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Darla Moore School of Business

Finance Ph.D. candidate’s research inspired by financial crises, their long-term effects

July 16, 2020

Moore School Ph.D. student Destan Kirimhan said her background of growing up in Ankara, Turkey, a place where economic problems are complex and long-lasting, is her inspiration for pursuing her Ph.D. in business administration focusing on finance. 

“My story starts with an old memory watching TV with my family as a kid,” Kirimhan said. “There was a father earning a really low income in the news talking about his financial problems and how adversely this has affected his personal life. I developed a personal interest in economics and finance, trying to contribute to my knowledge base by starting to watch the discussion programs about current economic issues on TV.”

After receiving a bachelor’s degree in economics from The Union of Chambers and Commodity Exchange of Turkey University of Economics and Technology, Kirimhan pursued a master’s and later a Ph.D. in the same discipline. She completed her master’s degree in 2010 at Bilkent University, and as she was getting ready to complete her Ph.D. in economics at Middle East Technical University, her application for a United States diversity visa was approved. So, Kirimhan decided to move to the United States and accept an “all but dissertation” status in her economics Ph.D.

“[I decided that] a Ph.D. in finance would pave the way for me to realize my career and personal dreams that are strongly attached to each other,” Kirimhan said. “I would have the chance to deepen my understanding of financial markets, financial institutions and financial assets in addition to offering help and education for underserved households in terms of their personal finance.”

Kirimhan took a doctoral-level finance seminar from Moore School professor Eric Powers once she moved to the United States. This class is where she met Allen Berger, another Moore School professor who would later become her dissertation advisor. Kirimhan said that the mentorship she received from both professors led her to the decision to pursue her finance Ph.D. at the Moore School.

“I believe that there is one specific factor that affected my choice, which is the professionalism intertwined with mentorship [of the Moore School’s faculty],” she said. “Along with Dean Peter Brews, the faculty approaches every student as a future colleague and takes every individual case separately by allocating their time and energy to understand and contribute to each student’s career path.”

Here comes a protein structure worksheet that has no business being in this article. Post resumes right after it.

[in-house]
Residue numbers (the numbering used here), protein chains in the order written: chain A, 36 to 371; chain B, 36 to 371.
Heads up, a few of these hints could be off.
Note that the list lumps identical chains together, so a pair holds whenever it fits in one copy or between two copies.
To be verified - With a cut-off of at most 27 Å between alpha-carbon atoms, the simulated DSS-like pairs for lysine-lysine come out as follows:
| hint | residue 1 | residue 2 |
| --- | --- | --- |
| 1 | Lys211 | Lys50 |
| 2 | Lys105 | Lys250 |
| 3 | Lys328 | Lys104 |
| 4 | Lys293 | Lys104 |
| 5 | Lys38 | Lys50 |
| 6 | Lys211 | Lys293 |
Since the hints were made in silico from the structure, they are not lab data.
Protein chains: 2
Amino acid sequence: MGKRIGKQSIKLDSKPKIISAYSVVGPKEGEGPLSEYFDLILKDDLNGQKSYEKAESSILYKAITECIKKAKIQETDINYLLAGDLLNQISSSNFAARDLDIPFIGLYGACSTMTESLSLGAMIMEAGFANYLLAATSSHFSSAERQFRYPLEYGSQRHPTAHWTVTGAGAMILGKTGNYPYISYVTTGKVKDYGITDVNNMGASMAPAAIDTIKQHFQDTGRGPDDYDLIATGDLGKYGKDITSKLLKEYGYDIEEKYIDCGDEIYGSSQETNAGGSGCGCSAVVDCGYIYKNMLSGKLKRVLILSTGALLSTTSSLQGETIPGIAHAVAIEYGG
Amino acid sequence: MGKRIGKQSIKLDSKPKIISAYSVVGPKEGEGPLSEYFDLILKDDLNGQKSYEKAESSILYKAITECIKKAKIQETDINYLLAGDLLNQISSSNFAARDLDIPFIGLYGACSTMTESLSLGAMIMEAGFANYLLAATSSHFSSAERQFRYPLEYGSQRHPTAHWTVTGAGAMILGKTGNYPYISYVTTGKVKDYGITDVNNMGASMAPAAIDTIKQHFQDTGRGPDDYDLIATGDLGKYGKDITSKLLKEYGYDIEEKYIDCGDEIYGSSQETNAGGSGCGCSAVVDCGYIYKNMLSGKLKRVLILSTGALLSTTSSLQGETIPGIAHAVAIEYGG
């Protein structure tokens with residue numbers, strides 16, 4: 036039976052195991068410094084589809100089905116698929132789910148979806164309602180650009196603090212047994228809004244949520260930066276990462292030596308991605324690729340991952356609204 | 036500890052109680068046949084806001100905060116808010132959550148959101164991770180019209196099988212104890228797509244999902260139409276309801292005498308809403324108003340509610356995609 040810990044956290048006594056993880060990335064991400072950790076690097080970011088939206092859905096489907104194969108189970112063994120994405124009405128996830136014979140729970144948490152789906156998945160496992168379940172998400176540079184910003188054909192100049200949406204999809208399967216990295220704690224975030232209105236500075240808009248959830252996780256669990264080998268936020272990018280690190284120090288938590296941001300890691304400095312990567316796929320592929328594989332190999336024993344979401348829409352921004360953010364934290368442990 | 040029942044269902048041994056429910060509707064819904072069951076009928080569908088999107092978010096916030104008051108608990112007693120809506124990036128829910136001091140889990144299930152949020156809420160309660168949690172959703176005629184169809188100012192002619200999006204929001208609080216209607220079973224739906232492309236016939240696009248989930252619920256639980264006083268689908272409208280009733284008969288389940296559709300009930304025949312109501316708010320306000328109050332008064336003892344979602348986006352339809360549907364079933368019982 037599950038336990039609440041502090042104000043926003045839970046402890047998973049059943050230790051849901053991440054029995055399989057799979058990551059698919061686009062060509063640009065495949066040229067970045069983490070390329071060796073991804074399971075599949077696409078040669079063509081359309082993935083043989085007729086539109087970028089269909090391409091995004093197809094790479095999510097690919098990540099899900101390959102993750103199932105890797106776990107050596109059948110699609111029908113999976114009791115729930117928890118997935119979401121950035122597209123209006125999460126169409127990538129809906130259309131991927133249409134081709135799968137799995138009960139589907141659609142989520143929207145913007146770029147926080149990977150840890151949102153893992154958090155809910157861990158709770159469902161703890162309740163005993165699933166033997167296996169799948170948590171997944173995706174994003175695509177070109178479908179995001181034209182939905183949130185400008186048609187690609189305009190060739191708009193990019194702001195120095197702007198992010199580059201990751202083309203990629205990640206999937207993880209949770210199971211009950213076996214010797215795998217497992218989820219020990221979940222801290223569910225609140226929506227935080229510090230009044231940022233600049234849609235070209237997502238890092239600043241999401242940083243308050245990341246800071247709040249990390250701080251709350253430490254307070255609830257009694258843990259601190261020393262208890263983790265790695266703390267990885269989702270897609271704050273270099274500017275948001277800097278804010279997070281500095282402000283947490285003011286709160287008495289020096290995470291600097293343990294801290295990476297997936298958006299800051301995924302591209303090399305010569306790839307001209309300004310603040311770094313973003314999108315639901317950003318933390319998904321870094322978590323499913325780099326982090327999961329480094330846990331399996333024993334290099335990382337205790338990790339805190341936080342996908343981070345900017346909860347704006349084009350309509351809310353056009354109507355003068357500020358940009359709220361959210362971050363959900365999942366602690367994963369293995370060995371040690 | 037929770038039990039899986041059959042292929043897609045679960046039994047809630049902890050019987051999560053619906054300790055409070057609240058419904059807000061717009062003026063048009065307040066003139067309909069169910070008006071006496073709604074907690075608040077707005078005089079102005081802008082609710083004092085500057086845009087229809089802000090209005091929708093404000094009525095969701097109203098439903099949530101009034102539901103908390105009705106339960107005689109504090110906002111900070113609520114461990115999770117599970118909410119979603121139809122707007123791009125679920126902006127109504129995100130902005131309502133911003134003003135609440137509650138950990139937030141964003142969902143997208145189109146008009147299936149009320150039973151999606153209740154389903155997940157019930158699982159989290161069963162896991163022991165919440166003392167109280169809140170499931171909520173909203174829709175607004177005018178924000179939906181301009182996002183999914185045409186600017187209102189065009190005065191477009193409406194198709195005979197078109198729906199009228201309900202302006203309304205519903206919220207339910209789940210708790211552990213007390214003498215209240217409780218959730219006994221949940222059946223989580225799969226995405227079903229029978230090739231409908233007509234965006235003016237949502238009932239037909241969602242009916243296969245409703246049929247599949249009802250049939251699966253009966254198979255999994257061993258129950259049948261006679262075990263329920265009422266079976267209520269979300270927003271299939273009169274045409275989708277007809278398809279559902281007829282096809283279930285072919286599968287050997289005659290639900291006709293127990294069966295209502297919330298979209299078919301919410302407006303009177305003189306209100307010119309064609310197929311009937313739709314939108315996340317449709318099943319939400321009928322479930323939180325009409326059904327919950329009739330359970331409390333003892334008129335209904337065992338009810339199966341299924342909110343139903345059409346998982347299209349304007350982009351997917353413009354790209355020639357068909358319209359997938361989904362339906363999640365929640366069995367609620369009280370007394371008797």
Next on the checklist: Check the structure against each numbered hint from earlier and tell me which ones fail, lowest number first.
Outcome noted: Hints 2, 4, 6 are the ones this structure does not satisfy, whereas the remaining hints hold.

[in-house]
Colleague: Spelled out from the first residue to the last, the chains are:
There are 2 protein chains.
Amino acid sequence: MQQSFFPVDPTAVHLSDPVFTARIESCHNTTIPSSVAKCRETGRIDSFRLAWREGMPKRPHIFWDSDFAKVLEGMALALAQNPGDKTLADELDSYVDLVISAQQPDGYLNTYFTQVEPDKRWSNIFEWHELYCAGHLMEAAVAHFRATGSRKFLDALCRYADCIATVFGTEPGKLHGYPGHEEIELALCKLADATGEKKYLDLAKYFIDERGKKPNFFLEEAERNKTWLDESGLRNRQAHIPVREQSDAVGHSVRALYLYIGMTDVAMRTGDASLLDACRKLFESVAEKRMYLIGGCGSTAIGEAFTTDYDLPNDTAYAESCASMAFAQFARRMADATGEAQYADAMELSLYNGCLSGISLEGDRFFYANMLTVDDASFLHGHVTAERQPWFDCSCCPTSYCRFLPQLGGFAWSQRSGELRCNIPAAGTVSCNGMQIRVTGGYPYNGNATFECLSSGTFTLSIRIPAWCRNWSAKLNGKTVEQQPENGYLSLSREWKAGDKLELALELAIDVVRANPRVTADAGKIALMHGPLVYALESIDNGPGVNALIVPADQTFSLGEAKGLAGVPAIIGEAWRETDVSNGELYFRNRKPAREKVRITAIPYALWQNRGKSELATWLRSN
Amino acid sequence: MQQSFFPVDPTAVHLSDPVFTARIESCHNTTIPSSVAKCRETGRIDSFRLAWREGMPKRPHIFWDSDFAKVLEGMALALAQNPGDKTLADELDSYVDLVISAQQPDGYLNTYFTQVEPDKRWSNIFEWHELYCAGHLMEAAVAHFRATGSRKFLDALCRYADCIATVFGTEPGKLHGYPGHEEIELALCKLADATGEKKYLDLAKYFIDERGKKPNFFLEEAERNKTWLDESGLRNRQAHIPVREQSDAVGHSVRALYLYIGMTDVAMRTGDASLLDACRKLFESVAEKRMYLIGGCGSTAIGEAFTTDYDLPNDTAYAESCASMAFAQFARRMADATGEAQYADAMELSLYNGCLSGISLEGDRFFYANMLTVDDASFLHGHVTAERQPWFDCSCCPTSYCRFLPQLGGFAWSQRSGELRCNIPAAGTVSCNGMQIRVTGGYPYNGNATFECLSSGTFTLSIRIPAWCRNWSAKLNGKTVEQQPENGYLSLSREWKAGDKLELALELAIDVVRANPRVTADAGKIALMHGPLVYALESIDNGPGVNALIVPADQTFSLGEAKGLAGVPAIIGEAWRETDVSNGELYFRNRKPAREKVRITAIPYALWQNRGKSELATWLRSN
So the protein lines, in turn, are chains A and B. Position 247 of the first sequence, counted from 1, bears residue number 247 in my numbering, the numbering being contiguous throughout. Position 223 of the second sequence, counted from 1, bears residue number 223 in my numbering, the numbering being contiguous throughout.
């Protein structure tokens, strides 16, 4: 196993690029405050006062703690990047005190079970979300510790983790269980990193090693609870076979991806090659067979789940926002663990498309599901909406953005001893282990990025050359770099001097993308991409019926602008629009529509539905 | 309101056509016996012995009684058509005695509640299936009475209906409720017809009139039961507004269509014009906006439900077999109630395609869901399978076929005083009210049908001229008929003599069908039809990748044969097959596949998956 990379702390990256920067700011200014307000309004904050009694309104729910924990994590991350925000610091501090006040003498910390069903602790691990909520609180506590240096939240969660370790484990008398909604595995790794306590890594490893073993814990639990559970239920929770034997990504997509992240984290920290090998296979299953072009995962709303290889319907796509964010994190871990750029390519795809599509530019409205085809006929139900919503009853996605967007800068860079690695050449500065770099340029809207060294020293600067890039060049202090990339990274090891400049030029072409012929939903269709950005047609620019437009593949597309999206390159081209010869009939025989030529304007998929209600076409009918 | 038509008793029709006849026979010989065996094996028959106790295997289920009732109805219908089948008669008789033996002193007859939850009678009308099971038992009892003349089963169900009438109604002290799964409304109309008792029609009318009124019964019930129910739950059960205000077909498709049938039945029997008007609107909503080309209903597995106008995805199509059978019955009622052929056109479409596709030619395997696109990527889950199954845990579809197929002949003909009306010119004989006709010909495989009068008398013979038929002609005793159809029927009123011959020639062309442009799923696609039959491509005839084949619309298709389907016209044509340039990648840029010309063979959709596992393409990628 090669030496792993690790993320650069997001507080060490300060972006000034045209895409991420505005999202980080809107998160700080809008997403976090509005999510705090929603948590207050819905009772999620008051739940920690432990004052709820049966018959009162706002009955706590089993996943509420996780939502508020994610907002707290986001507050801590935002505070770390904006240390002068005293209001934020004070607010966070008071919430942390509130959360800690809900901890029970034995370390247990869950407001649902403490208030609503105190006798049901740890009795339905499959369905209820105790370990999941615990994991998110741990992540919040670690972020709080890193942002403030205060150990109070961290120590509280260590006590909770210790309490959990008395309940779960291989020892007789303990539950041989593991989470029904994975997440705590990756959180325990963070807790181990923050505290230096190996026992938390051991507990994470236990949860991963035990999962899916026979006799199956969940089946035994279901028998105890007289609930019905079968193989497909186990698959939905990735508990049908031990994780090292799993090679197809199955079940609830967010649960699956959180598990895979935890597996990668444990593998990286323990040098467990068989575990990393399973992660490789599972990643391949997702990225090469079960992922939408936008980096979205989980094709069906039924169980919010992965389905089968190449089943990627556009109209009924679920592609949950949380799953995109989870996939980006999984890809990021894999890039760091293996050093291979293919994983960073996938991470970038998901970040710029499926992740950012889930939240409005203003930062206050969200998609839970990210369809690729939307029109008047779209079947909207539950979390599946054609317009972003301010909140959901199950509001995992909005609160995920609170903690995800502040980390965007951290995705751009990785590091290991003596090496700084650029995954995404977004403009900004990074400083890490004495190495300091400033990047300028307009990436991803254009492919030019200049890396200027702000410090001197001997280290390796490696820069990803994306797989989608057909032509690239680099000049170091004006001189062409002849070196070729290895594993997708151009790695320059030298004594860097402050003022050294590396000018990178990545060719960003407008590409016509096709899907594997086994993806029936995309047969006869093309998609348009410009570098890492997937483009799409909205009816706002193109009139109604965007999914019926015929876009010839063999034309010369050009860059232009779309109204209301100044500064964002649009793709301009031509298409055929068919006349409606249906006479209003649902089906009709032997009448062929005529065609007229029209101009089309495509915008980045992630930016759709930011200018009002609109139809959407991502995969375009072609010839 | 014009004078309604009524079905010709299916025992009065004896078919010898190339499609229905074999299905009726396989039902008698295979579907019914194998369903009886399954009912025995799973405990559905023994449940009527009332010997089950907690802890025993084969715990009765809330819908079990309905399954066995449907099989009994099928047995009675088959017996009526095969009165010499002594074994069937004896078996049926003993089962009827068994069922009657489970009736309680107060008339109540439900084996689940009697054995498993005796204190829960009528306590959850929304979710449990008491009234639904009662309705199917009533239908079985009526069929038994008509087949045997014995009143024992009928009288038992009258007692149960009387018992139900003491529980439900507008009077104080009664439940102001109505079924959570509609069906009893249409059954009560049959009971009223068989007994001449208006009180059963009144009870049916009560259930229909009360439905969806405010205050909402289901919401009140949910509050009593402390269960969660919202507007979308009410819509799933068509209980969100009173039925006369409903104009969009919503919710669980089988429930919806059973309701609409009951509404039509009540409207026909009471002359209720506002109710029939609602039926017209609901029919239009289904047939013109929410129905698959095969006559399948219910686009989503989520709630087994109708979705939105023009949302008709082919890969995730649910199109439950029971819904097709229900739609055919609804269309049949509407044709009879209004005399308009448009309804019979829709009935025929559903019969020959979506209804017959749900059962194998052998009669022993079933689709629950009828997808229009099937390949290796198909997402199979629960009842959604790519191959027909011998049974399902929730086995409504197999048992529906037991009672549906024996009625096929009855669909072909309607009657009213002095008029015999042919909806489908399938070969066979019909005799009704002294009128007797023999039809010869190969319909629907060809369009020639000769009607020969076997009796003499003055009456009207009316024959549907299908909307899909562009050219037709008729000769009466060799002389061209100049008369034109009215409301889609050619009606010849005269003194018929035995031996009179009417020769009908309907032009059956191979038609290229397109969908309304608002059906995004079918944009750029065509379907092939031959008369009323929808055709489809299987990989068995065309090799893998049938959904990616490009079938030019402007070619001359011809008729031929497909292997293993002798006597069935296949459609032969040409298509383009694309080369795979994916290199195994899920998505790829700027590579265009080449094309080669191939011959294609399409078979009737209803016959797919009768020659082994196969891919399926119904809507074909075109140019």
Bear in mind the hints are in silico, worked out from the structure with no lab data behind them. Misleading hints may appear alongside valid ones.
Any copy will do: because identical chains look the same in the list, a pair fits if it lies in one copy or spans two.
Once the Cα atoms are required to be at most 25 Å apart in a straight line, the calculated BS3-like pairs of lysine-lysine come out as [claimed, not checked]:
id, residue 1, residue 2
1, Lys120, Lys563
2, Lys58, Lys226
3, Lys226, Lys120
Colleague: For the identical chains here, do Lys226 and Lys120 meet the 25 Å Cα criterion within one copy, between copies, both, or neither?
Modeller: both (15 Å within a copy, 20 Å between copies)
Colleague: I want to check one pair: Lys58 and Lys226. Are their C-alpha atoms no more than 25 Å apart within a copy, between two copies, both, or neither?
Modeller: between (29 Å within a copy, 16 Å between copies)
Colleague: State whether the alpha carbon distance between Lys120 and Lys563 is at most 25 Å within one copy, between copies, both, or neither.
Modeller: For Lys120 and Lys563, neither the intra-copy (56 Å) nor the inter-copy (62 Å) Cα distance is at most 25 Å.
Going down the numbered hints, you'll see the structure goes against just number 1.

Using the mentorship and feedback she received from the Moore School’s faculty over the past three and a half years, Kirimhan is beginning to plan her dissertation, which is a combination of four essays.

“Two of [my essays] investigate the effects of institutional investors on liquidity creation by banks; the third one analyzes the role of regulatory restrictions on bank activities in terms of bank liquidity creation; and the last one examines the effects of financial regulatory uncertainty on systemic risk contributions of banks,” Kirimhan said. 

When Kirimhan was enrolled in a banking seminar class, she read and discussed the literature on liquidity creation and systemic risk. Liquidity creation, the process of increasing the availability of cash in a market, is a vital function of banks, which helps economic growth, she said.

“I would like to investigate the role of institutional investors, such as mutual funds and hedge funds, on liquidity creation,” Kirimhan said. “With regards to the last essay in my dissertation, bearing both the social and the financial costs of the recent global financial crisis in mind, I examined the effects of uncertainty in financial regulatory policies on the probability of a systemic collapse in the U.S. banking industry.”

Having studied the recent financial crisis in the United States between 2008 and 2009, Kirimhan said that “crises come with the cost of people losing jobs and firms going bankrupt along with the frozen credit supply and skyrocketed unpaid loans. The socioeconomic and welfare consequences of crises always attracted my attention given my background in a country dealing with the long-lasting adverse effects of economic crises.” 

Anticipating graduating from the Moore School in May 2021, Kirimhan hopes to accept a teaching position at a university where she can continue her research passions while also teaching.

“I would like to see myself as one of the researchers who puts other bricks to the finance literature as a life-long learner on the shoulders of all researchers,” she said.

With a broader goal of giving back to her home country, Kirimhan also said that she plans to invest her financial knowledge and skills in her community and to help its members make smart financial decisions like budgeting and investing.

-Erin Mooney

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